Messages:
    2,674
    Joined:
    Dec 23, 2004
    Location:
    Phoeinx Ariz
    Shooter:
    Multi Format
    I use all 3, point source, condenser and diffusion, both cold light and color head. I like point source for some
    35mm for a gritty look, grain really stands out but very sharp, cold light for 4X5, condenser for 6X6 and 6X9 and a color head for multigrade RC. If I had to chose just one it would be condenser, I print on graded paper most the time. I dont have any issues with dust and I can spot quickly spot a print.
     
  11. Newt_on_Swings

    Newt_on_Swings Member

    Messages:
    2,131
    Joined:
    Mar 30, 2011
    Location:
    NYC
    Shooter:
    Multi Format
    diffusion, even spread of light across entire mixing box to the negative, one less source of dust contamination, dial in filtration, dont have to worry about switching condensers out when changing formats.
     
  12. RalphLambrecht

    RalphLambrecht Subscriber

    Messages:
    8,213
    Joined:
    Sep 19, 2003
    Location:
    Florida
    Shooter:
    Multi Format
    ditto
     
  13. skahde

    skahde Member

    Messages:
    427
    Joined:
    Feb 16, 2004
    Location:
    Germany
    Shooter:
    Multi Format
    At one point I had a Durst L54 (condensor only) and a L1000 with colour head side by side. When adjusting contrast, prints from the same negative came out almost identical. The grain was no snappier from the condenser but in fact looked slightly larger und a wee bit less sharp under a loupe which I suspect is caused by diffraction of the direct light on the grain-pattern. But as you can read in Barry Thorntons Edge of Darkness, bigger grain can make for the impression of a snappier picture.

    In the end I sold the L54 and switched to the diffuse light source entirely as it meant a lot less time wasted on spotting.
     
  14. Sponsored Ad
  15. sandermarijn

    sandermarijn Member

    Messages:
    769
    Joined:
    Oct 19, 2005
    Location:
    Leiden, Neth
    Shooter:
    35mm
    Condenser.

    You can use a higher grade paper with a diffusion enlarger but it just doesn't look the same.

    I love hard gritty grain.

    Dust is all a matter of being careful, having good eyes and using A-grade film; it's perfectly avoidable, even with six surfaces.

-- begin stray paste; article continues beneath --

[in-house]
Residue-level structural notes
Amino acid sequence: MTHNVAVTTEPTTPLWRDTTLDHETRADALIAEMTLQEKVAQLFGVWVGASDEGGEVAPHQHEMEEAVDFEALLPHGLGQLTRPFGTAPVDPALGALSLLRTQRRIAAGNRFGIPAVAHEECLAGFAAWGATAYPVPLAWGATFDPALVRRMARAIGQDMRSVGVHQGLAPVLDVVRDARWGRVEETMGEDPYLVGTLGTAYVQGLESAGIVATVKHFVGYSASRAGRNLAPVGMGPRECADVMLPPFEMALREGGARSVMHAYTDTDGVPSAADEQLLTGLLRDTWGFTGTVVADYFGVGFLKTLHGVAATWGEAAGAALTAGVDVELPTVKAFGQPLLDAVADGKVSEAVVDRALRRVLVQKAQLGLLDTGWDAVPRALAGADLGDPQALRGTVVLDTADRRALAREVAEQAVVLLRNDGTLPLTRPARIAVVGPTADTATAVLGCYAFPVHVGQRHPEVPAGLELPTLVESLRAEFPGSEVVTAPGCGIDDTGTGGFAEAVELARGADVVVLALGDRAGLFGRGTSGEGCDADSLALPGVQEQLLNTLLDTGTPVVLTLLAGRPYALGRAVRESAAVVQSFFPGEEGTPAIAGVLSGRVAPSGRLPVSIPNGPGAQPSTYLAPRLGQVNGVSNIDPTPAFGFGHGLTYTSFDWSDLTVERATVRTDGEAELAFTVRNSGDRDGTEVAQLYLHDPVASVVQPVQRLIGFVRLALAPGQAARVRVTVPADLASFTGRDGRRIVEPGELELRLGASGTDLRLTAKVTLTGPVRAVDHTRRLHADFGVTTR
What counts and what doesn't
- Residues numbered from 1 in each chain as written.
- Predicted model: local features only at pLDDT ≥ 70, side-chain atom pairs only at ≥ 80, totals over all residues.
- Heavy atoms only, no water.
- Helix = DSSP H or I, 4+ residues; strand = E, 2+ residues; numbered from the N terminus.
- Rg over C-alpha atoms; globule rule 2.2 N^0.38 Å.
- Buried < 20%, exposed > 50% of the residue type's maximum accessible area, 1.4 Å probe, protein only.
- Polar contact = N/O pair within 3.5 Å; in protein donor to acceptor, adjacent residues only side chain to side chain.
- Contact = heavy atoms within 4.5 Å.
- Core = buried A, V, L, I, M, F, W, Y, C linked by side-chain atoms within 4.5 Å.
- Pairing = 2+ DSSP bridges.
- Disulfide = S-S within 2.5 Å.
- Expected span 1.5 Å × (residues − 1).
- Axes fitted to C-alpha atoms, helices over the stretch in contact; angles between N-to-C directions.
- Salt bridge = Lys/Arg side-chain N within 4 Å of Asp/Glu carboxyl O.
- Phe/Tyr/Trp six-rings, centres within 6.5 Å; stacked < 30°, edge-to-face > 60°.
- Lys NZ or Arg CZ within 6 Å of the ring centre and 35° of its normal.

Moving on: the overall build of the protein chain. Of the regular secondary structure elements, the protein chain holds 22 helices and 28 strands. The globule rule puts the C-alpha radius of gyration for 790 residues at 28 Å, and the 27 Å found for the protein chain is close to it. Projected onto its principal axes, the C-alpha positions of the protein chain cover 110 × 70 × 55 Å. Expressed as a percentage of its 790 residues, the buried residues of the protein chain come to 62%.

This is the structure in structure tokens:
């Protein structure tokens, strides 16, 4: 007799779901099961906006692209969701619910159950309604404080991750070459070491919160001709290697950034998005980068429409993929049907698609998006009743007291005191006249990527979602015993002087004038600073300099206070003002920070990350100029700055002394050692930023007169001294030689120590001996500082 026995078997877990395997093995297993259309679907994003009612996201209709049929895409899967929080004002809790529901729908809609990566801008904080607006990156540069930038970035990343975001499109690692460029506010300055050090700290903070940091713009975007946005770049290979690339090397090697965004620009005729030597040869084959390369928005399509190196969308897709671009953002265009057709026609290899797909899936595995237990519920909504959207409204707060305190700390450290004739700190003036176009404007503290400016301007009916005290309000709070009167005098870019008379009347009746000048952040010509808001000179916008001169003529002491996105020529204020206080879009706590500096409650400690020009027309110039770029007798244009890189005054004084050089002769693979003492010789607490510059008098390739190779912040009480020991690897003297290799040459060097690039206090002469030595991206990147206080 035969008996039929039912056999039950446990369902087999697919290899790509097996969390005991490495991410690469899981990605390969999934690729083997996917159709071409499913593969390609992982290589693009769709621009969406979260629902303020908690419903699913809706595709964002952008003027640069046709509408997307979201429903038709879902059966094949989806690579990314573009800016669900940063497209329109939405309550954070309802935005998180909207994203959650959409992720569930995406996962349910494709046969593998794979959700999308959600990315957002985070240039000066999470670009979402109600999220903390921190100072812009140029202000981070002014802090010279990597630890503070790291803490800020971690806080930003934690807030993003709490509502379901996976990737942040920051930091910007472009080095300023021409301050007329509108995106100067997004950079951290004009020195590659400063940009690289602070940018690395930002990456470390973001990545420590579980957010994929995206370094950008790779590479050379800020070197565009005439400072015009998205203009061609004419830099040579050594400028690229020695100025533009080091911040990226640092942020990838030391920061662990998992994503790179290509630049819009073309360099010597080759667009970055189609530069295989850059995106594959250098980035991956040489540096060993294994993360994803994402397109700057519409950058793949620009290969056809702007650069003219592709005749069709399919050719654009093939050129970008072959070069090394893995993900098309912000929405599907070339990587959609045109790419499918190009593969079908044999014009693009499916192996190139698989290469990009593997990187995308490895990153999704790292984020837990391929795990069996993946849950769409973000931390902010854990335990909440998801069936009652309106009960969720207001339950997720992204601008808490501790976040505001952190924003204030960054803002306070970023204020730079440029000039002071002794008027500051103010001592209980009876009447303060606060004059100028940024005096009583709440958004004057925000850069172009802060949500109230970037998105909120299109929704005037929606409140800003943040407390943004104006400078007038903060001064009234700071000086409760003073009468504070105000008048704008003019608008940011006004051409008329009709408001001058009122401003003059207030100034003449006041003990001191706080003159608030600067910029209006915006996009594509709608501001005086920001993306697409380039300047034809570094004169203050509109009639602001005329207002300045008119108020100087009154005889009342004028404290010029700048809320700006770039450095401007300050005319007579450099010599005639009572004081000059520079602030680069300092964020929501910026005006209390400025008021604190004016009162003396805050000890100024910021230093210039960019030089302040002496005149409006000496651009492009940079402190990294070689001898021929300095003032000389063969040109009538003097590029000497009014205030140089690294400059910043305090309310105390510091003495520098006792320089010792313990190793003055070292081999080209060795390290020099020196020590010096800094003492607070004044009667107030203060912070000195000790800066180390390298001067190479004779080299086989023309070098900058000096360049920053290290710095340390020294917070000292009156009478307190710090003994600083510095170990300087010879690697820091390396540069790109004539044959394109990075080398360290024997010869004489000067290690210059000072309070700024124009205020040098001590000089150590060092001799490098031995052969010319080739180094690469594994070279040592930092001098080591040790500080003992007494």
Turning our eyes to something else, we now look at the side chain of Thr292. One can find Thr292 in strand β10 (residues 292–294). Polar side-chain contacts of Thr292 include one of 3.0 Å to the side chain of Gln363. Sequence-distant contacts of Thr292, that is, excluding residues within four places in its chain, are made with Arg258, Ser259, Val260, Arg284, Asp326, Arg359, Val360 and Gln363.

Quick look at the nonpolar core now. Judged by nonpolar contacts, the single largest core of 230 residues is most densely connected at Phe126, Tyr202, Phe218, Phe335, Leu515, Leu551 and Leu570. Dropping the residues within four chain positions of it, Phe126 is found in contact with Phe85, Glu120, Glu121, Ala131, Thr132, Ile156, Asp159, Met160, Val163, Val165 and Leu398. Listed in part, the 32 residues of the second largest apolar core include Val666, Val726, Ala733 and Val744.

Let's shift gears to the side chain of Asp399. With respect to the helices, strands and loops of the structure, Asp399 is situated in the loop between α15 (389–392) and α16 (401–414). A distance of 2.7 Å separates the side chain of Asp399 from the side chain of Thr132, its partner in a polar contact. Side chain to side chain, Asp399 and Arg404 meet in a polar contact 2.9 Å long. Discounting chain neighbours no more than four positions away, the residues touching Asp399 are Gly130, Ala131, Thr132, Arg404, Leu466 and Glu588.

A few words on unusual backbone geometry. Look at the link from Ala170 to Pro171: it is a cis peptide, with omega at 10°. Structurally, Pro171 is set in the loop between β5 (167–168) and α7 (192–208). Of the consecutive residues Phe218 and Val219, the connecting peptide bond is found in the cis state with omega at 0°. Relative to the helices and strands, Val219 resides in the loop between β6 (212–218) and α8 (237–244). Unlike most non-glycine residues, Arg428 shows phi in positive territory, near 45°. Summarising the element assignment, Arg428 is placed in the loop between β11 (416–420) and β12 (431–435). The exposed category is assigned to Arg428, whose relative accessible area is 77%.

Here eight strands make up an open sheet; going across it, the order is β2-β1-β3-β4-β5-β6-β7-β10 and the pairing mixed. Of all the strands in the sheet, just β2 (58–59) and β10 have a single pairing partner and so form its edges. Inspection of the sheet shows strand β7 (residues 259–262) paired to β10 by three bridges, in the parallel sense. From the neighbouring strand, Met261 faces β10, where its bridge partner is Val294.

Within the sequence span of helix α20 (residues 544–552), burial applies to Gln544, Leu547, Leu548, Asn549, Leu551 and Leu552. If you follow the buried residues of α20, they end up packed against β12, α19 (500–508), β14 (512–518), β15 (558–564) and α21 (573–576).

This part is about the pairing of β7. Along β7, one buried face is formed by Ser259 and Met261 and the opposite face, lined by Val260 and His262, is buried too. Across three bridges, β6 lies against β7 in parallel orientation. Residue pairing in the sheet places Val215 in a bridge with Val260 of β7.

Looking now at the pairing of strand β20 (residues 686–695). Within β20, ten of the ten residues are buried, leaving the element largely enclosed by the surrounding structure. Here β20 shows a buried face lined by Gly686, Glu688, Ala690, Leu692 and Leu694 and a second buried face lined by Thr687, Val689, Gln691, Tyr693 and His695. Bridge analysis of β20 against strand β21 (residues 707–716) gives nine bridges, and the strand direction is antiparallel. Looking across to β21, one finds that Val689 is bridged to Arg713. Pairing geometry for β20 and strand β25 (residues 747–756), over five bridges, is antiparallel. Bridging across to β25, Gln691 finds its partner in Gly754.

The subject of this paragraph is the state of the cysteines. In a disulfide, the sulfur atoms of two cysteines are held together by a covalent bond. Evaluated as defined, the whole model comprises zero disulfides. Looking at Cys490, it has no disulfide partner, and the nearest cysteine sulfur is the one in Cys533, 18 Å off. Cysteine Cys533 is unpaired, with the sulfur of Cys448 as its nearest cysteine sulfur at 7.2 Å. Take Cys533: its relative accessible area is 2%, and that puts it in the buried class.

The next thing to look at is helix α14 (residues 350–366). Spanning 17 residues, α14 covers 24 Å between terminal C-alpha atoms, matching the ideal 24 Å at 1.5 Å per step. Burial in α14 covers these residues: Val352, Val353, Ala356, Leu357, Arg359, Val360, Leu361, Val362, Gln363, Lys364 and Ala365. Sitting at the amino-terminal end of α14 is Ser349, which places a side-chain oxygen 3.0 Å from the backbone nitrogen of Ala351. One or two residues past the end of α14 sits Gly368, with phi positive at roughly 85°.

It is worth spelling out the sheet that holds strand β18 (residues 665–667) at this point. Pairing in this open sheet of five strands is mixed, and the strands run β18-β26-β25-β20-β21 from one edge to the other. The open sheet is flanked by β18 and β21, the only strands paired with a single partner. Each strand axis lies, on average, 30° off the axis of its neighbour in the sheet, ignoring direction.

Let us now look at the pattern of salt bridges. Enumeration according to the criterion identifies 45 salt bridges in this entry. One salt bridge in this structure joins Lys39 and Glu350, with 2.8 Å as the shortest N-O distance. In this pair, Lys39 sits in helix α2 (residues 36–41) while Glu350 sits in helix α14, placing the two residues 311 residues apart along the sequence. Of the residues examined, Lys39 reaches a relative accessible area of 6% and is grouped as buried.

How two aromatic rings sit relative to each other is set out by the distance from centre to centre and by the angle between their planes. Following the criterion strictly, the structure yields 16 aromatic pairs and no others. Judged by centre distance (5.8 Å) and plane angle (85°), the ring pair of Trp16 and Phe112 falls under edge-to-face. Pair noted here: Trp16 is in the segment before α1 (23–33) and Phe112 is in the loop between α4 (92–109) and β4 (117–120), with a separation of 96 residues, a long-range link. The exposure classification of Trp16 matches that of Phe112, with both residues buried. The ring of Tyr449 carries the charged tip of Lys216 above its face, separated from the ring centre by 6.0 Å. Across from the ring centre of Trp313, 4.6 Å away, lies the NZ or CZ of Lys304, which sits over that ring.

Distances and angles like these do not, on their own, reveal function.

16. Ian Grant

    Ian Grant Subscriber

    Messages:
    18,038
    Joined:
    Aug 2, 2004
    Location:
    West Midland
    Shooter:
    Multi Format
    Most modern condenser enlargers use a coated bulb so are already somewhat diffuse so the differences in local contrast between them and a fiffuser enlarger with a dichroic head is minimal. They do show up any dust though.

    However if you use a more intense small light source, usulally refered to as a point source enlarger with condensers you can increase the local contrast but setting the lamp needs to be done every time you change the enlargement to get the best illumination, the lamp housing needs to be quite tall (on a vertical enlarger).

    A dichroic head enlarger is far better all round whether it's a dedicated VC head or Colour head.

    Ian
     
  17. cliveh

    cliveh Subscriber

    Messages:
    4,711
    Joined:
    Oct 9, 2010
    Shooter:
    35mm RF
    Are, now you raise another moot point. In my own darkroom I always use glassless carriers, even on my diffuser enlarger.
     
  18. mr rusty

    mr rusty Subscriber

    Messages:
    754
    Joined:
    Sep 7, 2009
    Location:
    lancashire,
    Shooter:
    Medium Format
    And then there's the Vivitar V1 which I acquired knowing little about enlargers, but the more I read and use it the more I think this is a nice piece of kit. Dichroic colour head through a "light pipe", which insulates all heat, then condensers and glassless neg carrier. The little I've used it so far, dust hasn't been a problem.
     
  19. ooze

    ooze Member

    Messages:
    368
    Joined:
    Nov 22, 2004
    Location:
    Istanbul, Tu
    Shooter:
    Multi Format
    I have both a condenser and diffuser enlarger but almost always use the diffuser. Reasons are similar to what others have said.
     
  20. Roger Cole

    Roger Cole Member

    Messages:
    5,480
    Joined:
    Jan 20, 2011
    Location:
    Atlanta GA
    Shooter:
    Multi Format
    I have condenser but have printed on both and would prefer diffusion.